Svenska: Internationella adoptioner ska skötas av en statlig myndighet

International adoptions should be handled by a state authority, not private organisations

 

Sweden may be a small country populationwise but it is one of the largest adoption countríes in the Western hemisphere. There are around 60 000 international adoptees in Sweden and the majority have been adopted through private organisations.

In the 60s and 70s, international adoptions were handled by the National Board of Health and Welfare, but in the 80s, adoption became a matter for private organisations. During the 80s and 90s, there were five authorised agencies active, but due to a decline in available adoption countries, there are currently only three remaining.

If an adoptee wants to do a background search, visit the country of birth or is in need of councelling or therapy, there is little to no support on offer. The adult adoptee is referred to his or her organisation.

The post-adoption services differ a lot between the organisations. They are not equally equipped to be of service due to their size and current financial status. Some of the smaller adoption organisations are in the process of closing down, so chances are that the National Archive wil be the only option, as it is for the adoptees adopted through the National Board of Health and Welfare. The National Archive stores adoption documents filed under the social security numbers of the adoptive parents. 

However, some of the organisations offer grants between $500 - $1500 for background search, visiting the birth country and therapy. The adoptee can apply for grants and is expected to show receipts and report back to the organisation about the background search and/or the journey to the country of birth.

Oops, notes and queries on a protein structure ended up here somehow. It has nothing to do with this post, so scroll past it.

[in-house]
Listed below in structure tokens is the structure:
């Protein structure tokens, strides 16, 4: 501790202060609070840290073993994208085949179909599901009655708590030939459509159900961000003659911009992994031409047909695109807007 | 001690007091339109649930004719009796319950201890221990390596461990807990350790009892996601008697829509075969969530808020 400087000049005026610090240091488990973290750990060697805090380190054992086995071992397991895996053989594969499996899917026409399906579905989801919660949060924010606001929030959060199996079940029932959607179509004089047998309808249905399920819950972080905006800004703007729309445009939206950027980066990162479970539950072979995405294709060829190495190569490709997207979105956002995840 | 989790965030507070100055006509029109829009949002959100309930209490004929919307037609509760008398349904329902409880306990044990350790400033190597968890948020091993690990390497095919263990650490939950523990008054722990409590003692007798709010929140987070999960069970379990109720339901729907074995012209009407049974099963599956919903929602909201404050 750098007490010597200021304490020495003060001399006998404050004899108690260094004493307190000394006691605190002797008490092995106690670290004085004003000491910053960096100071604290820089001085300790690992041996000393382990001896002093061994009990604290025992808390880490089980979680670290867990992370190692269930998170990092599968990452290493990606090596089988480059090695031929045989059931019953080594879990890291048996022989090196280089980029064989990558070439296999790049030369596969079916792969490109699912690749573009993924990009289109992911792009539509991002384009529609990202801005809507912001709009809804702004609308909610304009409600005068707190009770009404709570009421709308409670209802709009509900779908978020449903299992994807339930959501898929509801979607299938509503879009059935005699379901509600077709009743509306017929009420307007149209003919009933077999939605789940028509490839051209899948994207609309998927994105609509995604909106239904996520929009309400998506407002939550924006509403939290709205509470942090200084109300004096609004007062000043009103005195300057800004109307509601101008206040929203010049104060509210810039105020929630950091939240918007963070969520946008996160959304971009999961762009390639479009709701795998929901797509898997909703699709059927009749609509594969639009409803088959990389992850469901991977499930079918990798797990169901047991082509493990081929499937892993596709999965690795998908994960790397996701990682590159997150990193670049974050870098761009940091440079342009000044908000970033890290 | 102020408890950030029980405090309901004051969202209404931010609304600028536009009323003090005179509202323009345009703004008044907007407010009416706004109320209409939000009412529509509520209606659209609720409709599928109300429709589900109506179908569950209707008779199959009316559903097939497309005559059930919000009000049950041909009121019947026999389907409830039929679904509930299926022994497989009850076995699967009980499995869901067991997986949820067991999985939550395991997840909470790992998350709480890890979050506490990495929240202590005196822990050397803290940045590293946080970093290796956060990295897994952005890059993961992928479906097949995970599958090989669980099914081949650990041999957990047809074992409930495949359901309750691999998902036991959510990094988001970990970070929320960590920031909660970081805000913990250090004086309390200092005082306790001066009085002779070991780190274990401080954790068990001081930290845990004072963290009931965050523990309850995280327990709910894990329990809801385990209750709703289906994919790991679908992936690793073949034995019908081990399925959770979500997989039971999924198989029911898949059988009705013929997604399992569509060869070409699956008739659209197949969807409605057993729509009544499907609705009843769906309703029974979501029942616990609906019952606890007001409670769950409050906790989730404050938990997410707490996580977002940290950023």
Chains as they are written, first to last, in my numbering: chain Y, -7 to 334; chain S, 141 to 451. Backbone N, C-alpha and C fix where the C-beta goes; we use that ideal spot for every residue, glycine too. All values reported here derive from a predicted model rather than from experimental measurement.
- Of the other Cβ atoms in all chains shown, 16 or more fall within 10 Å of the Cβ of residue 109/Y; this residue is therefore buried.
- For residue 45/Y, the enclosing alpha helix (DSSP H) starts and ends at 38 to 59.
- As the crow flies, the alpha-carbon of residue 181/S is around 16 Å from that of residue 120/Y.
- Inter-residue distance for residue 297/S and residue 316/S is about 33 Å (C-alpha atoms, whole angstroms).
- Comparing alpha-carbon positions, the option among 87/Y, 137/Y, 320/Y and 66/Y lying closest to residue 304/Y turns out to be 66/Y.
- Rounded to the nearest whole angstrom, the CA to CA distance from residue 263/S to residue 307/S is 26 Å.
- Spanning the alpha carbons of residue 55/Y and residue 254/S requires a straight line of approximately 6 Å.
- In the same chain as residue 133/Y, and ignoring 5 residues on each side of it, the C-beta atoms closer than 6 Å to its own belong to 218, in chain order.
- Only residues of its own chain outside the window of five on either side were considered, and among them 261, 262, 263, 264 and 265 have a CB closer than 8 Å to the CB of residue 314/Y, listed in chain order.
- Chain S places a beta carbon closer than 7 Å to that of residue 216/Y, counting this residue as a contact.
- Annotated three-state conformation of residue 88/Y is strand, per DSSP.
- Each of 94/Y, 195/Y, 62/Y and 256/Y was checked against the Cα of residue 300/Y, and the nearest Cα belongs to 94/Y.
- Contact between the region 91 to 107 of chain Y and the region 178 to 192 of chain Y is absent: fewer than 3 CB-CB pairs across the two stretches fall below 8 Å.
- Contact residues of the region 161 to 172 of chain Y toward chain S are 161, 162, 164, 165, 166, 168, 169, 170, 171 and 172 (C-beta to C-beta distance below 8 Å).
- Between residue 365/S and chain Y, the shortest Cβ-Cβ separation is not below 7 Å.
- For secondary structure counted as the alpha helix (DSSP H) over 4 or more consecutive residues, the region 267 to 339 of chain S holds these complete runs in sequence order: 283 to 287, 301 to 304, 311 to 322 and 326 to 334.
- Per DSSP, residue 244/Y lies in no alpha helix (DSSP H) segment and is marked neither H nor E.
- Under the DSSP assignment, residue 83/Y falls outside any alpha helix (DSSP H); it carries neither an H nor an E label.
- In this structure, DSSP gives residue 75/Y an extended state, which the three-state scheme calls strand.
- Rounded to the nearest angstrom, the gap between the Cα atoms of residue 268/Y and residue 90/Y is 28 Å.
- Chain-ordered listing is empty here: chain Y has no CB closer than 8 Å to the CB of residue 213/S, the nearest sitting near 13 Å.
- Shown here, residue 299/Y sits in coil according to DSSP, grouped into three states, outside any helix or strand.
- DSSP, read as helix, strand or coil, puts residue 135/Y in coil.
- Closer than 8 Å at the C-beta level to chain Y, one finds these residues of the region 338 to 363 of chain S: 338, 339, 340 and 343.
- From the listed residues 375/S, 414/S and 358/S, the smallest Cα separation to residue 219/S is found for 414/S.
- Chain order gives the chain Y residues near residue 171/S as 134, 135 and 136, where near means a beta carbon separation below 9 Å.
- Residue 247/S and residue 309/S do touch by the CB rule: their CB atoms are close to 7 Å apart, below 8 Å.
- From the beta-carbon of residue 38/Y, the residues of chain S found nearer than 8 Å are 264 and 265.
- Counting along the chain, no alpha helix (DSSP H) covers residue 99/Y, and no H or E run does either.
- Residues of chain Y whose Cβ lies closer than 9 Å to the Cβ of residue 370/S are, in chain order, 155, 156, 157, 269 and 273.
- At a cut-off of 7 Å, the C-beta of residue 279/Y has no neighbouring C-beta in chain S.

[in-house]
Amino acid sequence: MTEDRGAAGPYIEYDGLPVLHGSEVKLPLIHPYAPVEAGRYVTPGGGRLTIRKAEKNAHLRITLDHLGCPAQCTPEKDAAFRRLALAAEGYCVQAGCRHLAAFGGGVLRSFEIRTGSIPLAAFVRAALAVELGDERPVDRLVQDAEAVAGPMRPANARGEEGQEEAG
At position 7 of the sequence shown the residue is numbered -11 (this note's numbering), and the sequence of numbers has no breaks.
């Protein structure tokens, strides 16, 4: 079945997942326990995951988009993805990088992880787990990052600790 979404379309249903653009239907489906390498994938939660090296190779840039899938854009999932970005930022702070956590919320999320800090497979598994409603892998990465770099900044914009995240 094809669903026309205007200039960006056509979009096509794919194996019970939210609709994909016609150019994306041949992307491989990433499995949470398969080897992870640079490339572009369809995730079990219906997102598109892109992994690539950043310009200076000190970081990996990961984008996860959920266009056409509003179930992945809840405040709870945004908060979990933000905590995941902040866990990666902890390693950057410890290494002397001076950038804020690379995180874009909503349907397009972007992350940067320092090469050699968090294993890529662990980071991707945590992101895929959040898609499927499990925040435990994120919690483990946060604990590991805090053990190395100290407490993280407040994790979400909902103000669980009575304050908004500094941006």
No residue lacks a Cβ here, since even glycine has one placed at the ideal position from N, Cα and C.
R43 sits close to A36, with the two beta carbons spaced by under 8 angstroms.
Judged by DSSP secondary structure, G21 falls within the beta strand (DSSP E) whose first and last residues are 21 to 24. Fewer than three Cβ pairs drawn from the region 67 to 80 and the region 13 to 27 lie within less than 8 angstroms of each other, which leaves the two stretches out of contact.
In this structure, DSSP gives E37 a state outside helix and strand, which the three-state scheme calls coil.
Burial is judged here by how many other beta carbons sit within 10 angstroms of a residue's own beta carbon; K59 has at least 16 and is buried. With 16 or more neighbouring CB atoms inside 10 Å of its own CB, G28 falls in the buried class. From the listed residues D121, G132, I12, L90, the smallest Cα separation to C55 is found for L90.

The largest adoption organisation still in business - Adoptioncentrum - offers adoptees help for a fee of £344. During a period of three years, an employee will make use of the expertise and the contacts the organisation has established over the years. Adoptionscentrum also arranges group trips to three of the some twenty countries they cooperate with. The adoptee has to pay for all costs him/herself. Adoptionscentrum does not offer any financial support for adoptees.

All adoption organisations require that the adoptee becomes a paying member, which means that the adoptee has to adhere to the organisation chart. The consequence of this may be that an adoptee who does not sympathise with the activity of the adoption organisation and acts accordingly may be excluded from the organisation, thus losing access to the contacts and expertise that Adoptionscentrum claims to have. 

An international adoption costs about $40000. Adoptive parents get a government grant of $8600 once the adoption is finalized. They only need to confirm that an international adoption has taken place.

In short:    

International adoptions should be handled by state authorities. ·      

All adoptees should have equal rights to post-adoption services

National adoptions are administered by the Social services and that should be the case with international adoption as well.

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